Something Wicked This Way Dies: Lexus GS Lined Up for Execution, Gasps Out a Final Special Edition

That a print advertisement can still remain (near) top of mind two decades later speaks to the power of marketing, and maybe a little to the vehicle behind that famous ad: the Lexus GS.

After announcing a limited run of 2020 Lexus GS 350 F Sport Black Line Special Edition — a vehicle the brand calls the “best ever” GS, the automaker admitted that this is it for the model. The GS, which added a modicum of muscle to Lexus’ image back in the 90s, won’t live beyond the summer.

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Buy/Drive/Burn: Rear-drive V8 Lexus Time in 2020

Did you know that in these modern and fuel-conscious times, Lexus presently offers three different rear drive, naturally aspirated V8 luxury cars? They’re all fast, on sale in 2020, and cost about the same money. Which one’s worth a Buy?

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Buy/Drive/Burn: 2014 Midsize Luxury Sedan Shootout

Today’s edition of Buy/Drive/Burn was generated by a discussion over at the TTAC Slack room. The conversation turned to sporty midsize luxury sedans from 2014, and one staff member regarded one of these choices with a “meh.”

Let’s see how you feel about them.

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Buy/Drive/Burn: Large, Unpopular V8 Luxury From 2006

One of our trio is on its last legs, another is brand new, and the third option is near the middle of its life. They all share V8 power up front, driven wheels at the rear, and midsections full of luxury equipment. Most people avoided them when new, so it should be no problem finding one to burn.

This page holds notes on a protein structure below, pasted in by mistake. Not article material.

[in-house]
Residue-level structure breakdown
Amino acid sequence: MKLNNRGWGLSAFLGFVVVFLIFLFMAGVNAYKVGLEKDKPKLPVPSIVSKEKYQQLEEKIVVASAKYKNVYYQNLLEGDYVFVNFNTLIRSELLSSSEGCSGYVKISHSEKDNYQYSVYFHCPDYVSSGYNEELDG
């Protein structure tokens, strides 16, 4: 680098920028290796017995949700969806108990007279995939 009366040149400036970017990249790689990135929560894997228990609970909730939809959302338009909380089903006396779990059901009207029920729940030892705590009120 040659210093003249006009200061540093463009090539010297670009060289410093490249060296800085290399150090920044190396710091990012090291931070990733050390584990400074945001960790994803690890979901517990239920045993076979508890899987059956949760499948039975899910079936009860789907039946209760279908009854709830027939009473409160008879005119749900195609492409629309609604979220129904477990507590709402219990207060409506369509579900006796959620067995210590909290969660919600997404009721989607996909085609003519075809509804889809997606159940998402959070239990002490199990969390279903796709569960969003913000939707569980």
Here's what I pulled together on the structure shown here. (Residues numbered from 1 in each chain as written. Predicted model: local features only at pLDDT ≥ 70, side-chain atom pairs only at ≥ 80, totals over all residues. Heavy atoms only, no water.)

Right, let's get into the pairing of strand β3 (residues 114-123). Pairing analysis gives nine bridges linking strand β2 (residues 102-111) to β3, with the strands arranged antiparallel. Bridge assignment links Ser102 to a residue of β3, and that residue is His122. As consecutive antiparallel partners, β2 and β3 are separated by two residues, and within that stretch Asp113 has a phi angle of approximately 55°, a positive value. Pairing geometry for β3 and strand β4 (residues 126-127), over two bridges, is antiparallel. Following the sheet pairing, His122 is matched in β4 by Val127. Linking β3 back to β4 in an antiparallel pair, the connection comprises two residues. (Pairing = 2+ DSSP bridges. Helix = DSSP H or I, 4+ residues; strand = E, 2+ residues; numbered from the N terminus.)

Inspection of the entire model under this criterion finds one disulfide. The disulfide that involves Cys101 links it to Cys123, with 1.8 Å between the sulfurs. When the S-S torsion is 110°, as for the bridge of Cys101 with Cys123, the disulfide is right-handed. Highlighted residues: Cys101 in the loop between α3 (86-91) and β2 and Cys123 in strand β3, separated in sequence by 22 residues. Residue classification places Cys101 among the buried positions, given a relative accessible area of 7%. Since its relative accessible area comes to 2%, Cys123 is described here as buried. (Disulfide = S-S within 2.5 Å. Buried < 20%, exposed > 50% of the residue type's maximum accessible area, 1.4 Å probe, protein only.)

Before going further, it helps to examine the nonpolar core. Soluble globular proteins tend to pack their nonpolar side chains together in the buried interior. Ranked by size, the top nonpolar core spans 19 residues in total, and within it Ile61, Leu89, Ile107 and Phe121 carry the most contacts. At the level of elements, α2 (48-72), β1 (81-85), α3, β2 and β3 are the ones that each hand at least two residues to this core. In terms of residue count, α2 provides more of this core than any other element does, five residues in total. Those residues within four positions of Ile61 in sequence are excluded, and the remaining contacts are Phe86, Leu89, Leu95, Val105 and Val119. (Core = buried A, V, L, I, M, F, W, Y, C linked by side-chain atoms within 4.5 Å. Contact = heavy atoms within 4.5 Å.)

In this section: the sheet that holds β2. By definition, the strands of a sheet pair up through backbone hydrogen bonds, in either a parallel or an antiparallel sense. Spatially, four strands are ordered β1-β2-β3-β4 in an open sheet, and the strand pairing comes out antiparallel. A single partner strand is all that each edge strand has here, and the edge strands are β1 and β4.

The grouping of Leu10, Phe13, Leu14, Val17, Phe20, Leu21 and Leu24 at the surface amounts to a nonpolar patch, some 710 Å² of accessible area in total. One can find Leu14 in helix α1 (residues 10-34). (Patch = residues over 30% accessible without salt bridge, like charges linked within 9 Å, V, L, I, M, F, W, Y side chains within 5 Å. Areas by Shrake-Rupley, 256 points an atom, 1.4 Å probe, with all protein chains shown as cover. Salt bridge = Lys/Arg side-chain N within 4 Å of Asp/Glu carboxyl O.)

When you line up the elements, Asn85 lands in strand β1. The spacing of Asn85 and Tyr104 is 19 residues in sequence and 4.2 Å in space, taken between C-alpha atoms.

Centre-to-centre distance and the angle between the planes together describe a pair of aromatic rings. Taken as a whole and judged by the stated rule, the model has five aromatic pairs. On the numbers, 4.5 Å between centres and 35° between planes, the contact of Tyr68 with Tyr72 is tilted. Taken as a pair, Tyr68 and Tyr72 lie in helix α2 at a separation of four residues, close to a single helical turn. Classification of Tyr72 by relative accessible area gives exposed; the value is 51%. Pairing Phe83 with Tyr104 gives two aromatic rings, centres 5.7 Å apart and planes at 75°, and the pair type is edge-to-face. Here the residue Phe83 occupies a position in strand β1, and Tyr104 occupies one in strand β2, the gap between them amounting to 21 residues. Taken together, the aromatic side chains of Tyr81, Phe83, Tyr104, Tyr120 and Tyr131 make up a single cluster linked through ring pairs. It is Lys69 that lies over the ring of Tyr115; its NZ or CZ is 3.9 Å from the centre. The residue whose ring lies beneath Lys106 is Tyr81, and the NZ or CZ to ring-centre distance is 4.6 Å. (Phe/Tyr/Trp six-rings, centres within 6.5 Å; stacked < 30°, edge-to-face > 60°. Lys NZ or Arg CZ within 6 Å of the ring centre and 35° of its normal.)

Right?

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2018 Buick Regal GS First Drive - The Regal GS We Want Is Not the Regal GS We Deserve

Spoiler alert: At some point in this review, I am going to make the idiotic suggestion that the Buick Regal GS ought to come with a manual transmission.

I’m assuming you’re all somewhat familiar with the Buick Regal, a lightly Americanized version of the European-market Opel Insignia. By our standards, the Insignia is legitimately European. It’s a hatchback masquerading as a sedan, which is (or at least used to be) a popular bodystyle in Europe. It’s built in Germany, which is more than a lot of BMWs and Benzes can say. By European standards, though, the Insignia is – well, it’s sort of a Buick. It’s wallowy and a bit soft around the tummy.